7. Reading

“Ise ni ogun ise

mura si ise ore mi

Ise la fi n deni giga

Bi a ko ba reni feyinti bi ole laari

Bi a ko ba reni gbekele a tera mose eni”

My biggest regret on any travel is to forget a book or a magazine to read especially when we are airborne. Since we have to switch off our mobile phones and laptops, (the addiction of our generation), I try to find a book to read. I am the type of guy who goes to a city without hunting for any experience, I just shuttle between my hotel and airport but I love my books.

I think the best experience is found in reading not just jetting around the world. I could be wrong but seeing the Parliament Building in London does not excite me in anyway but to see the lines of Martin Luther King laced in the rock of his memorial, now that’s joy (am I contradicting myself?) I hope not.

Back in the days, my best place to read was in a BRT bus. I usually parked my car for that purpose, to read. In the midst of the stench, the collision of bodies, the cranking noise of the brakes…I struggled to turn the leaf of The Economist.

For me to find out something new like the other day I was reading about the Japanese temples and its imperial record across the Pacific…that was pure excitement for me. How about finding out why it will be easy to find a cure for Ebola and HIV has proven impossible or how Wole Soyinka writes humour in the midst of his arcane stories?

Let me share two experiences with you.

I wanted to serve with Access Bank and in the midst of the interview, a question was asked:

“Do you know about West Bank?”

“ Do you mean West Banking” I replied sharply

“I mean West Bank”

I was lost. I didn’t know what West Bank meant. Guess what? West Bank had nothing to do with banking. It is that area of conflict between Israel and Palestine. The interviewer just wanted to test my knowledge.

After I finished NYSC in Benin, I came back to Lagos to find a job. Awoliyi Babalola and I would walk around Victoria Island looking for places to work. Babalola told me to apply for a particular job at 234NEXT and I did. 234NEXT was the prime media organization set up by Mr. Dele Olojede in 2008 but finally closed down in 2012.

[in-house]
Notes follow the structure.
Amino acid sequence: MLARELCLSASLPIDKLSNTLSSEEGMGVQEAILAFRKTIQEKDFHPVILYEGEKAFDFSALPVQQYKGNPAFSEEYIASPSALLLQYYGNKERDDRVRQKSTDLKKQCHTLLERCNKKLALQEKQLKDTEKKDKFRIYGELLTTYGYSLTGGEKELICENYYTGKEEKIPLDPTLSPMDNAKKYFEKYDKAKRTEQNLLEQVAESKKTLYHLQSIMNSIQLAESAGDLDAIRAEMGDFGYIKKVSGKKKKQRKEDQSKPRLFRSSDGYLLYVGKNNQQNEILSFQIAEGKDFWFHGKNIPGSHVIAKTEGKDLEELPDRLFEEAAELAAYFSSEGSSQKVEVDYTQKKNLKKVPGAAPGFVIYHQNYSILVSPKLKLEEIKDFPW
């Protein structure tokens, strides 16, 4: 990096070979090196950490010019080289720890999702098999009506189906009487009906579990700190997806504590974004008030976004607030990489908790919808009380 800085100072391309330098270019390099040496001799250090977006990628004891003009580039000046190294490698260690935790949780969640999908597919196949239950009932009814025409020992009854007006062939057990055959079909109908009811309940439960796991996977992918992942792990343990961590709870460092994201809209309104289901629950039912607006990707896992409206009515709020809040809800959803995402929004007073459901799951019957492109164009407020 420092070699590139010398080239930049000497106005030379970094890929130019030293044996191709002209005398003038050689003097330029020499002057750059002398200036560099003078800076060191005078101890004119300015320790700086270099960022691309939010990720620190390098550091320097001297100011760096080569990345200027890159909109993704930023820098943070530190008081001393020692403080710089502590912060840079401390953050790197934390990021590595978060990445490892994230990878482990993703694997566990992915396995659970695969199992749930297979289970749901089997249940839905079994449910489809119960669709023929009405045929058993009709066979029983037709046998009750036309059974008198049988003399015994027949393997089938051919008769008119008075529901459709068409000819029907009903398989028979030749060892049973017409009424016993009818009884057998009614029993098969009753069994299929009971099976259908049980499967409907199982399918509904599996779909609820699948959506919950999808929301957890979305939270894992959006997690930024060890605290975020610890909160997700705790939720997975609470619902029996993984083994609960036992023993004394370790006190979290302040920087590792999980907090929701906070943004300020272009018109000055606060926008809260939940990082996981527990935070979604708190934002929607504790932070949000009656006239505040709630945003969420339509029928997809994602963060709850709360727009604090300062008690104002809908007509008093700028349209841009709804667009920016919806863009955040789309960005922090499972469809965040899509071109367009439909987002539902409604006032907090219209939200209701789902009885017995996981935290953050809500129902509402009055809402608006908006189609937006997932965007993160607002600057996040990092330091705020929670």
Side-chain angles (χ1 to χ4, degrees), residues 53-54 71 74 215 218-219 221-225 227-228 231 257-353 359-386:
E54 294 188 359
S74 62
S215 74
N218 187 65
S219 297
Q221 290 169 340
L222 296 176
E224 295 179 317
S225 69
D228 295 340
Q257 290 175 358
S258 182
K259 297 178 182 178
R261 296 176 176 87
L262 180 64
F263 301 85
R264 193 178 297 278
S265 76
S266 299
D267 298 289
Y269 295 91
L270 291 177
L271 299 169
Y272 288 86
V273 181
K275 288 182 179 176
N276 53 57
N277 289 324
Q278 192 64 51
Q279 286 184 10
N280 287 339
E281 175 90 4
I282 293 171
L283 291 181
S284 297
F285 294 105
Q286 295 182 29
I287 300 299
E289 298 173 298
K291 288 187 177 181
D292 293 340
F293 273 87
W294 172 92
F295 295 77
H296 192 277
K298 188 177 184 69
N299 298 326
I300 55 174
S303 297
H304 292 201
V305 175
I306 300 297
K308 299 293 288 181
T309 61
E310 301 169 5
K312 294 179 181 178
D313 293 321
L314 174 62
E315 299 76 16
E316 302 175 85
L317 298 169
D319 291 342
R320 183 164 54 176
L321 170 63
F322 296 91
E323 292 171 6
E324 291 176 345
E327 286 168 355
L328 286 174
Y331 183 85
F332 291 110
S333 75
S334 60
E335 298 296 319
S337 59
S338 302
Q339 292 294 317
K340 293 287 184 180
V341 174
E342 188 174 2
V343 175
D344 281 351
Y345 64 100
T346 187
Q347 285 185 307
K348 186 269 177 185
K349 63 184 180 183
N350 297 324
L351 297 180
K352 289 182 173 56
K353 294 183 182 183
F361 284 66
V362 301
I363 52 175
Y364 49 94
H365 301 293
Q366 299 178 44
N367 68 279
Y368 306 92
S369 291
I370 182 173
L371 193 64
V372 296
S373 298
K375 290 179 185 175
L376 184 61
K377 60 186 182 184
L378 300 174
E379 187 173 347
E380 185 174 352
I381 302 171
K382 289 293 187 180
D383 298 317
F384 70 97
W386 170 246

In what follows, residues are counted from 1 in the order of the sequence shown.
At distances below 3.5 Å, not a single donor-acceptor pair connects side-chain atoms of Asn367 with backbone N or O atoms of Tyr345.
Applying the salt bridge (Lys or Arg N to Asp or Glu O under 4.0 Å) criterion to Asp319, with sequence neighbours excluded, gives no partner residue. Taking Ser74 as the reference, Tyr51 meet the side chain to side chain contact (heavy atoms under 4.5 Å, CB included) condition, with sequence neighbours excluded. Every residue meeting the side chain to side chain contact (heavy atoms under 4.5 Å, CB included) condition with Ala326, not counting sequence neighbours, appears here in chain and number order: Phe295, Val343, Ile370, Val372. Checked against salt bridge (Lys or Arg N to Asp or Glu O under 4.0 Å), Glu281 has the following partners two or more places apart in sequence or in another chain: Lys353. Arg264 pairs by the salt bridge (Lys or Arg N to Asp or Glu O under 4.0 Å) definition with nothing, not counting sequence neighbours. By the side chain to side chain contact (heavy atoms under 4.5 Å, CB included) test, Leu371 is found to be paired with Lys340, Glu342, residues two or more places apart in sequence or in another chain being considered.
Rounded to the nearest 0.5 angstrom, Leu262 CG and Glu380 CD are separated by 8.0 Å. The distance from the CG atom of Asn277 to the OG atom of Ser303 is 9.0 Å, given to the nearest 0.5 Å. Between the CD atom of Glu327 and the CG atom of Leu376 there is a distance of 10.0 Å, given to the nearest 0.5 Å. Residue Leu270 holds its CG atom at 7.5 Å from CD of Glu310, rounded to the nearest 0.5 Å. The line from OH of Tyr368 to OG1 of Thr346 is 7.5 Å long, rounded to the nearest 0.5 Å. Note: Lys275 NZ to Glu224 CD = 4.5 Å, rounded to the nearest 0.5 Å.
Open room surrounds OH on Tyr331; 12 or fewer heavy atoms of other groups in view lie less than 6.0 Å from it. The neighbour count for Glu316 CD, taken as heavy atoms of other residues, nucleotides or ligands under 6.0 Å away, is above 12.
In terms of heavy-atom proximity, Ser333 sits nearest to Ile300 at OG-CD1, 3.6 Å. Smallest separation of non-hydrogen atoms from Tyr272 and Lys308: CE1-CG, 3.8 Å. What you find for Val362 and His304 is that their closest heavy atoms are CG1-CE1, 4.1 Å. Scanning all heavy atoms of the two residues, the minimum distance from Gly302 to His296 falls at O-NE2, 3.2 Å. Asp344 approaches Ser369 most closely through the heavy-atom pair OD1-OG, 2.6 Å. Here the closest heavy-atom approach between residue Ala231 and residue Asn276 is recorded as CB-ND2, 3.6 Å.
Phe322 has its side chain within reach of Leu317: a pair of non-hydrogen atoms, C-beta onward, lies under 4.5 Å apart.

After narrowly passing (tough engineering questions) the 234NEXT test scoring 17 out of 31, I was asked to proceed to the interview phase.

“Now, how do I make up for the test when a friend scored 31 out of 31”

In that dimly lit interview room, we began:

“Before we start this interview, do you have a question”


“Go ahead”

“I want to ask you if this investigative organization gets its information from official government quarters since the Official Secrets Act has not been dissolved and the Freedom of Information is yet to be passed”

That was a question that unsettled the room but I scooped that reading at the Alex Lecture given by Mr. Dele Olojede (234Next publisher) in 2008, a lecture on freedom of Information. Note that the question had nothing to do with Engineering that I was to be employed for. It had to do with media freedom.

In the end, I did what I do best for interview, dazzle the panel, I really like interviews. I use it to tell my stories; I try to make it a conversation rather than an interview. Every time I go for an interview, my ultimate desire is to spread calmness across the room and take the interviewer to places that make him/her more curious.

Sometimes, I ponder on how an engineering graduate teaches folks budgets, procurement, oil transparency and creative communication with great zest? The answer lies in this one fact: The first element of knowledge is curiosity. To truly make sense is to read, that’s why I do it. I keep doing it. 


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